Julson v. JulsonAnnotate this Case
122 N.W.2d 329 (1963)
V. Leonard JULSON, Appellee, v. Margaret D. JULSON, Appellant.
Supreme Court of Iowa.
June 11, 1963.
*330 Beck & Butler, Mason City, for appellant.
Stanley L. Haynes, Mason City, for appellee.
Husband filed a petition for divorce in Cerro Gordo County. Wife appeared specially to challenge the jurisdiction of the court upon the ground that neither party was a resident of Iowa when the petition was filed. The district court determined the plaintiff was a resident and overruled defendant's special appearance. Permission was granted for defendant to pursue an interlocutory appeal from this ruling.
It is conceded that the parties hereto had acquired a domicile in Mason City prior to July 18, 1961. It is also conceded the wife was not a resident of Iowa at the time the petition was filed. The sole issue is whether the husband had acquired a new domicile of choice in Illinois prior to the time the petition was filed on August 29, 1961.
The hearing in the district court was conducted as in equity without objection and we will consider it de novo here, without deciding whether a special appearance in an equity matter is to be reviewed as law or equity. Laughlin v. Franc, 247 Iowa 345, 347, 73 N.W.2d 750; Gilbrech v. Kloberdanz, 252 Iowa 509, 515, 107 N.W.2d 574.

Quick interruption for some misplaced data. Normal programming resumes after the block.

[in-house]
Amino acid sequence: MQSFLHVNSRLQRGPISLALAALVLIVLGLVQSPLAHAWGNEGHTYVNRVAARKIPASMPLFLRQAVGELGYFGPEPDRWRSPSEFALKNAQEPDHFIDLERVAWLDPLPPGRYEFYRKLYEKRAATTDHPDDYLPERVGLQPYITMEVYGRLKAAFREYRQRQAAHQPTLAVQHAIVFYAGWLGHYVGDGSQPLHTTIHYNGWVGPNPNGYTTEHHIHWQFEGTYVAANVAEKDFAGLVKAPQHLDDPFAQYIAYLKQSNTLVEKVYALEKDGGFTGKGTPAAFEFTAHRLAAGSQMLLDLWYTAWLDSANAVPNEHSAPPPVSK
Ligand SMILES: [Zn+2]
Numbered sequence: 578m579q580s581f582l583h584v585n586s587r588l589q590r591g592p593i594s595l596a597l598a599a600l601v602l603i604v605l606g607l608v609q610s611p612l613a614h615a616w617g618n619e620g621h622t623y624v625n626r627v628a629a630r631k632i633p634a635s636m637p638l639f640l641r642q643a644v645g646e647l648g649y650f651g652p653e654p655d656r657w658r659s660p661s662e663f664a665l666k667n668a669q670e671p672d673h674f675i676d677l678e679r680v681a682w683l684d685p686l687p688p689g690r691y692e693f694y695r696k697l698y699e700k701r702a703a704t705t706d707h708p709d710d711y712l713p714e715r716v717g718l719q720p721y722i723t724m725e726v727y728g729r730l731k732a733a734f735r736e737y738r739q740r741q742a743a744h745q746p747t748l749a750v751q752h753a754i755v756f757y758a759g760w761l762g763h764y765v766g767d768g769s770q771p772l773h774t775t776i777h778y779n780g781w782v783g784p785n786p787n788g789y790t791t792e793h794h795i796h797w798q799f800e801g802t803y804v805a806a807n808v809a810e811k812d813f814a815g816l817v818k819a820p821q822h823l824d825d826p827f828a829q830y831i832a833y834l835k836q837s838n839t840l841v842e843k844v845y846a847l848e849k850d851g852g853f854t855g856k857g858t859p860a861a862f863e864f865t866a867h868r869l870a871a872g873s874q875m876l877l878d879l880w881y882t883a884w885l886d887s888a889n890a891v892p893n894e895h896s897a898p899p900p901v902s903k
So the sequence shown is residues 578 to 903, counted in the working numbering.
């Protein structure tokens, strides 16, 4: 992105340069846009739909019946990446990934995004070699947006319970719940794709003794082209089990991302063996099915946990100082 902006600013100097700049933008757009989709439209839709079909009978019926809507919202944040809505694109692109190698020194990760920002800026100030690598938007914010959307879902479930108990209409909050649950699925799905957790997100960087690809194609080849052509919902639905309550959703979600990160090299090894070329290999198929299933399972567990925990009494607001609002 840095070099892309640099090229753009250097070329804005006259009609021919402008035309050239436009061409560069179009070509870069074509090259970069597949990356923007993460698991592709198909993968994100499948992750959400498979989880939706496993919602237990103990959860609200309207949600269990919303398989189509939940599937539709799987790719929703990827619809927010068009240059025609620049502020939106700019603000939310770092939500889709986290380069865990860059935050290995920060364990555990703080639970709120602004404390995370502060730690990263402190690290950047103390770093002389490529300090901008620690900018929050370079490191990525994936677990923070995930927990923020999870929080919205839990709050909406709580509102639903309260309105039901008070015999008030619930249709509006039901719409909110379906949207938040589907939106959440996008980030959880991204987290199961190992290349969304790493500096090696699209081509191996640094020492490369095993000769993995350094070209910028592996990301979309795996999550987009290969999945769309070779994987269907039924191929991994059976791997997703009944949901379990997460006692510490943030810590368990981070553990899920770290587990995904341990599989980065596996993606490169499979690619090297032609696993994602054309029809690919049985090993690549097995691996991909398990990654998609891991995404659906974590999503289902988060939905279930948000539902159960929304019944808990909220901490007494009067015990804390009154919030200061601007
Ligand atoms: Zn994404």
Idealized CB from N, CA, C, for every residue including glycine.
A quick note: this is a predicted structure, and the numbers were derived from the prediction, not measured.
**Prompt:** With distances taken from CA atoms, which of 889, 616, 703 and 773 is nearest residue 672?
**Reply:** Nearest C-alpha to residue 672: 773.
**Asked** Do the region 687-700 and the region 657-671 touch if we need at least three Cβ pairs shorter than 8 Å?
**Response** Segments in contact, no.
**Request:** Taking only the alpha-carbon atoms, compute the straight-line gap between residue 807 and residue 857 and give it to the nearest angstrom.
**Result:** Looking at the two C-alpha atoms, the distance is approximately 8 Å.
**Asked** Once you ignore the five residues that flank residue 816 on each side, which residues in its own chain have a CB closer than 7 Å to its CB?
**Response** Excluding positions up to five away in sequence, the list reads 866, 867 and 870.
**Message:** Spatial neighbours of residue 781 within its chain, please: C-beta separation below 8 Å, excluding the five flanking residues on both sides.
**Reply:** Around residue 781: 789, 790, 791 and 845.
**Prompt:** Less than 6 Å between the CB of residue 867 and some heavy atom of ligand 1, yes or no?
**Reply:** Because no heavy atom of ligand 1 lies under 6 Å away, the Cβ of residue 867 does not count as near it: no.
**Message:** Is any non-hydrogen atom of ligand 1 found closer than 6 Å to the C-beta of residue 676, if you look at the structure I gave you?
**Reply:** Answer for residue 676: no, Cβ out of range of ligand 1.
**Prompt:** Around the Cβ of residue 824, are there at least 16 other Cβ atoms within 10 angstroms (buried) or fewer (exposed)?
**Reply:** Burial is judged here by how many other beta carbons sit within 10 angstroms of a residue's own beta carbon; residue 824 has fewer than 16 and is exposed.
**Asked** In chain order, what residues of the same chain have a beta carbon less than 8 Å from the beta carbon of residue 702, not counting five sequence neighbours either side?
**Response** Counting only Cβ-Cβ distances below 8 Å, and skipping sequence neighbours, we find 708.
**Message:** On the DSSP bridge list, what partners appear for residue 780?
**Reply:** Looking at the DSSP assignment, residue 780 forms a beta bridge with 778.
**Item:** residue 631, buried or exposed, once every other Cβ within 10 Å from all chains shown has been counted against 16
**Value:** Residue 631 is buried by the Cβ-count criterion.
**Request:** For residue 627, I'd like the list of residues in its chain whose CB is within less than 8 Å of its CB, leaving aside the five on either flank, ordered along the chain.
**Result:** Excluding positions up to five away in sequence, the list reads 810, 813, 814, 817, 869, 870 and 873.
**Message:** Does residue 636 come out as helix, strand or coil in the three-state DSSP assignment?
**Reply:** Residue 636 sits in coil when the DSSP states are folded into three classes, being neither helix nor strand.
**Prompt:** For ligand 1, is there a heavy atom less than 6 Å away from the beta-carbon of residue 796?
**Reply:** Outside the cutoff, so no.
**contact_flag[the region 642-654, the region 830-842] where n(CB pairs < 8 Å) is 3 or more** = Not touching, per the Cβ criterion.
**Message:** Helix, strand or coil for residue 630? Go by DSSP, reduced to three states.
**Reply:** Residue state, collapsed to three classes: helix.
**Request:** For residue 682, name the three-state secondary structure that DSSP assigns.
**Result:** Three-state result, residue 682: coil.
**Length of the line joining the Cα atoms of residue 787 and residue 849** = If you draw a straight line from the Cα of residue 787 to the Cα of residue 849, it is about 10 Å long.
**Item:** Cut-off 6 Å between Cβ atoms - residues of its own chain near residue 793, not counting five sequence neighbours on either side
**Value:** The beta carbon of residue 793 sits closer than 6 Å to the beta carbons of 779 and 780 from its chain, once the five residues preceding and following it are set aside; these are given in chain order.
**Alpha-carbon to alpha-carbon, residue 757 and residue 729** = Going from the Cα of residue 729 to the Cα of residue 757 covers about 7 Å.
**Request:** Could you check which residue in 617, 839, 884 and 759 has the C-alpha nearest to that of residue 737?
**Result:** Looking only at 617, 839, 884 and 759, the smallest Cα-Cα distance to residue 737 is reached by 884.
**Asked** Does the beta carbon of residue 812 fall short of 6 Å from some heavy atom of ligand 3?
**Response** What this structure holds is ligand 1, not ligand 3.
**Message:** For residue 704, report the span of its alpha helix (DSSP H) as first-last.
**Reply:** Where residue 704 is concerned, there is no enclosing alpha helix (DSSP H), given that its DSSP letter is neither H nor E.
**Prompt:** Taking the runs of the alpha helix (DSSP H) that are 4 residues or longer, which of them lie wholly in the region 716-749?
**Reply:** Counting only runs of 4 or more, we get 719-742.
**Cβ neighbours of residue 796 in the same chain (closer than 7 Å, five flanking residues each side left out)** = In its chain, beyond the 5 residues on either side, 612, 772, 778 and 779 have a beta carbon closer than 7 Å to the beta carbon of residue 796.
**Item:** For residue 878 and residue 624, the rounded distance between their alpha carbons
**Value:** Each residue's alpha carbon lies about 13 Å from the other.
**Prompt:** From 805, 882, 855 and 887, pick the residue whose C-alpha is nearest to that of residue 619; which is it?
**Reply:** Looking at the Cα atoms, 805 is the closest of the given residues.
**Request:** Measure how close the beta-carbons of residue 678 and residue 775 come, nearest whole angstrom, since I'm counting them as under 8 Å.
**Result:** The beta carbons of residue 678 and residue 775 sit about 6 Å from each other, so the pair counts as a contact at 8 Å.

The residence requirement for jurisdiction of a divorce action is that one of the parties be in good faith domiciled in the county where the action is brought. Korsrud v. Korsrud, 242 Iowa 178, 45 N.W.2d 848; Snyder v. Snyder, 240 Iowa 239, 35 N.W.2d 32; Hinds v. Hinds, 1 Iowa 36. The burden is upon the plaintiff who is attempting to assert jurisdiction in the district court to establish facts which sustain his claim of jurisdiction in the District Court of Cerro Gordo County. Mayer v. Wright, 234 Iowa 1158, 1162, 15 N.W.2d 268; Hill v. Electronics Corp. of America, 253 Iowa 581, 590, 113 N.W.2d 313; Gallagher v. Philadelphia Transportation Co., 3 Cir., 185 F.2d 543. However, in view of the fact that it is conceded Cerro Gordo County was his domicile, it is presumed to continue until facts have been presented establishing a domicile elsewhere, and the burden is upon the defendant to go forward with the evidence proving a change in plaintiff's domicile. In re Estate of Colton, 129 Iowa 542, 105 N.W. 1008; Nugent v. Bates, 51 Iowa 77, 50 N.W. 76; Farrow v. Farrow, 162 Iowa 87, 94, 143 N.W. 856; 28 C.J.S. Domicile § 16, p. 35.